NEW ANALYSIS: The continual downward march of ARPU combined with rising investment demands is placing European markets on an increasingly unsustainable trajectory. While many of the larger European operators are coping with the reduction in cash flow that this engenders, for example by selling non-strategic assets and reducing dividend payments to shareholders, in the longer term such trends will inevitably fuel more market consolidation.

European telecoms policy has historically focused on infrastructure competition, and analysis by authorities is often dominated by the nirvana of ever lower retail prices. However, the merits of consolidation should be considered on a broader basis, taking into account the ability of operators to invest in next-generation networks. In the US, the FCC notably recognised that consolidation would facilitate investment in a third nationwide LTE network – through the T-Mobile and MetroPCS tie-up.

The growing need for consolidation highlights the complex nature of European regulation, with 28 separate national regulators across the region. On that basis, it is important to recognise that the synergies linked to consolidation can only be realised at a national, rather than a regional level.

2014 is already witnessing large European M&A deals – including Vodafone’s purchase of ONO, Altice’s agreement to purchase French mobile operator SFR from Vivendi, and America Movil’s offer for control of Telekom Austria. However, all eyes remain on the European Commission as it runs the rule over two earlier acquisitions (3 and O2 in Ireland; Telefónica and E-Plus in Germany).

The Commission’s decision on these deals will provide the industry with a litmus test as to what degree competition concerns will stand in the way of much-needed industry consolidation. However, there are signs that it will look to adopt a different tack in the near future, with Jean-Claude Juncker, a leading candidate to become the next European Commission president, commenting recently during his campaign trail that the “first thing we should do is rethink the application of our competition rules in digital markets.” He went on to note that “if we ask companies to offer their networks and services no longer only nationally, but on a continental scale, we should in my view also apply EU competition law with a continental spirit.”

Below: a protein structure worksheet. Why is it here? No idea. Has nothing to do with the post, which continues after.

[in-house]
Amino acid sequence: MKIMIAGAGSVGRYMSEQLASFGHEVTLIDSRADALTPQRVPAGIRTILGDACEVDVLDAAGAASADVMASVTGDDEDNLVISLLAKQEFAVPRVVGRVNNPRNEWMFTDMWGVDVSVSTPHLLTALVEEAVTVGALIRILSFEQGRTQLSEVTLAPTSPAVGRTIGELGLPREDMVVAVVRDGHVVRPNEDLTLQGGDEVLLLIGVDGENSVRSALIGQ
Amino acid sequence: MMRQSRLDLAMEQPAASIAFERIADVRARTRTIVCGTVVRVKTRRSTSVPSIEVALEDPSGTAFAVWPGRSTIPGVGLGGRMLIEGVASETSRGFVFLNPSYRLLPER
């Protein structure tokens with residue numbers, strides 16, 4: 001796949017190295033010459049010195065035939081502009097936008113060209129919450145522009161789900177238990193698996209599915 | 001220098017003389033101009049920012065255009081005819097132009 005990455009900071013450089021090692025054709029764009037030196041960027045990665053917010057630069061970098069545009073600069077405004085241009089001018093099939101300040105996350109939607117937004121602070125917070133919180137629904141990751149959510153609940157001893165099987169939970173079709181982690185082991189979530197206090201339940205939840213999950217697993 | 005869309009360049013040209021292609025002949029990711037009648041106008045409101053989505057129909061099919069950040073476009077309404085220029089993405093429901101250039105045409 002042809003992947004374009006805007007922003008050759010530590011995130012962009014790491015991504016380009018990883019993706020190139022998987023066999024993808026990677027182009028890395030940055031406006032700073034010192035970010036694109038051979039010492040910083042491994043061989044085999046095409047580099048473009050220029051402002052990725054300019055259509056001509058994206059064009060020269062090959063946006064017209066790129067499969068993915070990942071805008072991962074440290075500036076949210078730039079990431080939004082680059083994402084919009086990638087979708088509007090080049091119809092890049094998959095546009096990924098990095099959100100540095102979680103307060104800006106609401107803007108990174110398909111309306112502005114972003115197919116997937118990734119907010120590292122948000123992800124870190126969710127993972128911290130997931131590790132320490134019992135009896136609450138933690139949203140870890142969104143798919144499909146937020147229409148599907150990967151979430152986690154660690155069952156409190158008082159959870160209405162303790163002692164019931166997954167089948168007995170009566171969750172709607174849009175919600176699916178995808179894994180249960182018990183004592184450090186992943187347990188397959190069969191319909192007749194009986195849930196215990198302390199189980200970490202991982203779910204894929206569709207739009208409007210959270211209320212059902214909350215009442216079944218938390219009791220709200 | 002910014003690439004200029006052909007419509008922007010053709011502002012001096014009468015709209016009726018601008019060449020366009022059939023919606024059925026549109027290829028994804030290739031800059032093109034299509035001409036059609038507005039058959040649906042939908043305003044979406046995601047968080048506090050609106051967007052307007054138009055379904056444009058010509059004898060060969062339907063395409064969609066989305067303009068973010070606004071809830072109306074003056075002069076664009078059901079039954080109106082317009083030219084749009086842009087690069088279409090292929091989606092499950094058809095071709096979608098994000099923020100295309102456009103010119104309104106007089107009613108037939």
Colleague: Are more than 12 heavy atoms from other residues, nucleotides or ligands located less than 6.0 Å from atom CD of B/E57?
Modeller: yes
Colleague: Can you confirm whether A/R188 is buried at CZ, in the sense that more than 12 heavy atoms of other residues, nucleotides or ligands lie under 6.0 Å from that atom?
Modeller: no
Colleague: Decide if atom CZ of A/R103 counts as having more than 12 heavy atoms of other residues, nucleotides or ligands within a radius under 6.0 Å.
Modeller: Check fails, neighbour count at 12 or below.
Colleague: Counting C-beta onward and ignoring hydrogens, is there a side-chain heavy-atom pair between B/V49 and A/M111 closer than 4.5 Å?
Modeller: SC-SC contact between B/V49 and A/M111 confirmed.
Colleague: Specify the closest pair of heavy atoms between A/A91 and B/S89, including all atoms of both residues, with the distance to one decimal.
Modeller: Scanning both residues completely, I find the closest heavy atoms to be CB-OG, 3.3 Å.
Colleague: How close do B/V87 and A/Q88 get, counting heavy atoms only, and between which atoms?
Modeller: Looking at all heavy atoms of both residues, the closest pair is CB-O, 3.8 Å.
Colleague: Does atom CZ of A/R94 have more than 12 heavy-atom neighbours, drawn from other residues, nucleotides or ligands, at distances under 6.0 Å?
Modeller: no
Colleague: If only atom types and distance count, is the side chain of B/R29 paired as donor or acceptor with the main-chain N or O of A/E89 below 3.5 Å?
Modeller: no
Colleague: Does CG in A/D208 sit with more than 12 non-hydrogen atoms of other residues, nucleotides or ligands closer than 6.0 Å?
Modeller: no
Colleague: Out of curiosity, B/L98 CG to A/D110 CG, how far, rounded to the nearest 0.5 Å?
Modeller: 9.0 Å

Financial pressures depict an unsustainable European marketplace
As outlined in our earlier report Mobile revenue trends in a changing global economy, a number of factors have been negatively impacting revenue growth within the European markets that form the ‘Connected Players’ segment. Firstly, competition levels continue to increase, while unique subscriber penetration in most markets has reached a demographic ceiling, above which growth tends to stall. Furthermore, strong regulation on termination rates and roaming, coupled with weak or negative economic growth have exacerbated difficult market conditions and contributed to deeper declines in revenue and ARPU.

Over the four years ended Q4 2013, European ARPU fell by 5.9 per cent on average per year, with Southern Europe particularly hard hit, with a CAGR of -9.5 per cent. Over the same period, European mobile revenue fell by an average of 2.1 per cent each year. In smaller, more fragmented markets, the continual downward trend in ARPU is placing increasing pressure on European operator margins, and alongside an increasing need to invest in network infrastructure, is hampering their ability to pay returns to shareholders.

According to an HSBC study, evidence suggests that network investment is intrinsically linked to margin, up until an optimal threshold where network investment is sufficient in order to meet demand, after which incremental capex diminishes. Our analysis shows that European capex per unique mobile subscriber rose between 2009 and 2011, from €37 to €51 (on an annual basis), and remained at this peak value in both 2012 and 2013. This rising capex burden has been fuelled by the need to support data traffic growth and the rollout of 4G networks.

However, when we examine the trend in European capex and how it relates to unique mobile subscriber ARPU, we see an increasing proportion of ARPU allocated to capex in both 2012 and 2013. This shows that in order to maintain capital spending at 2011 levels, European operators have had to allocate a growing amount of the revenue they receive from each subscriber, up from 16.1 per cent in 2011, to 18.8 per cent in 2013. If ARPU in the region continues its relentless decline, the capex burden operators face in order to continue to expand both the coverage and capacity of LTE networks will become increasingly unsustainable. Larger European operators are often better placed to absorb these costs than their smaller counterparts, and as a result we may begin to see divergence in investment strategies between players.

Some operator groups such as Orange continue to ramp up investment in the face of falling margins. During the nine months ended September 2013, the group saw revenue decline 4.3 per cent year-on-year, despite measures that reduced its cost base by €617 million, EBITDA fall 7.4 per cent over the same period. Deputy CEO and CFO Gervais Pellissier noted that Orange was maintaining “the investments required to preserve our network edge in most of the countries.”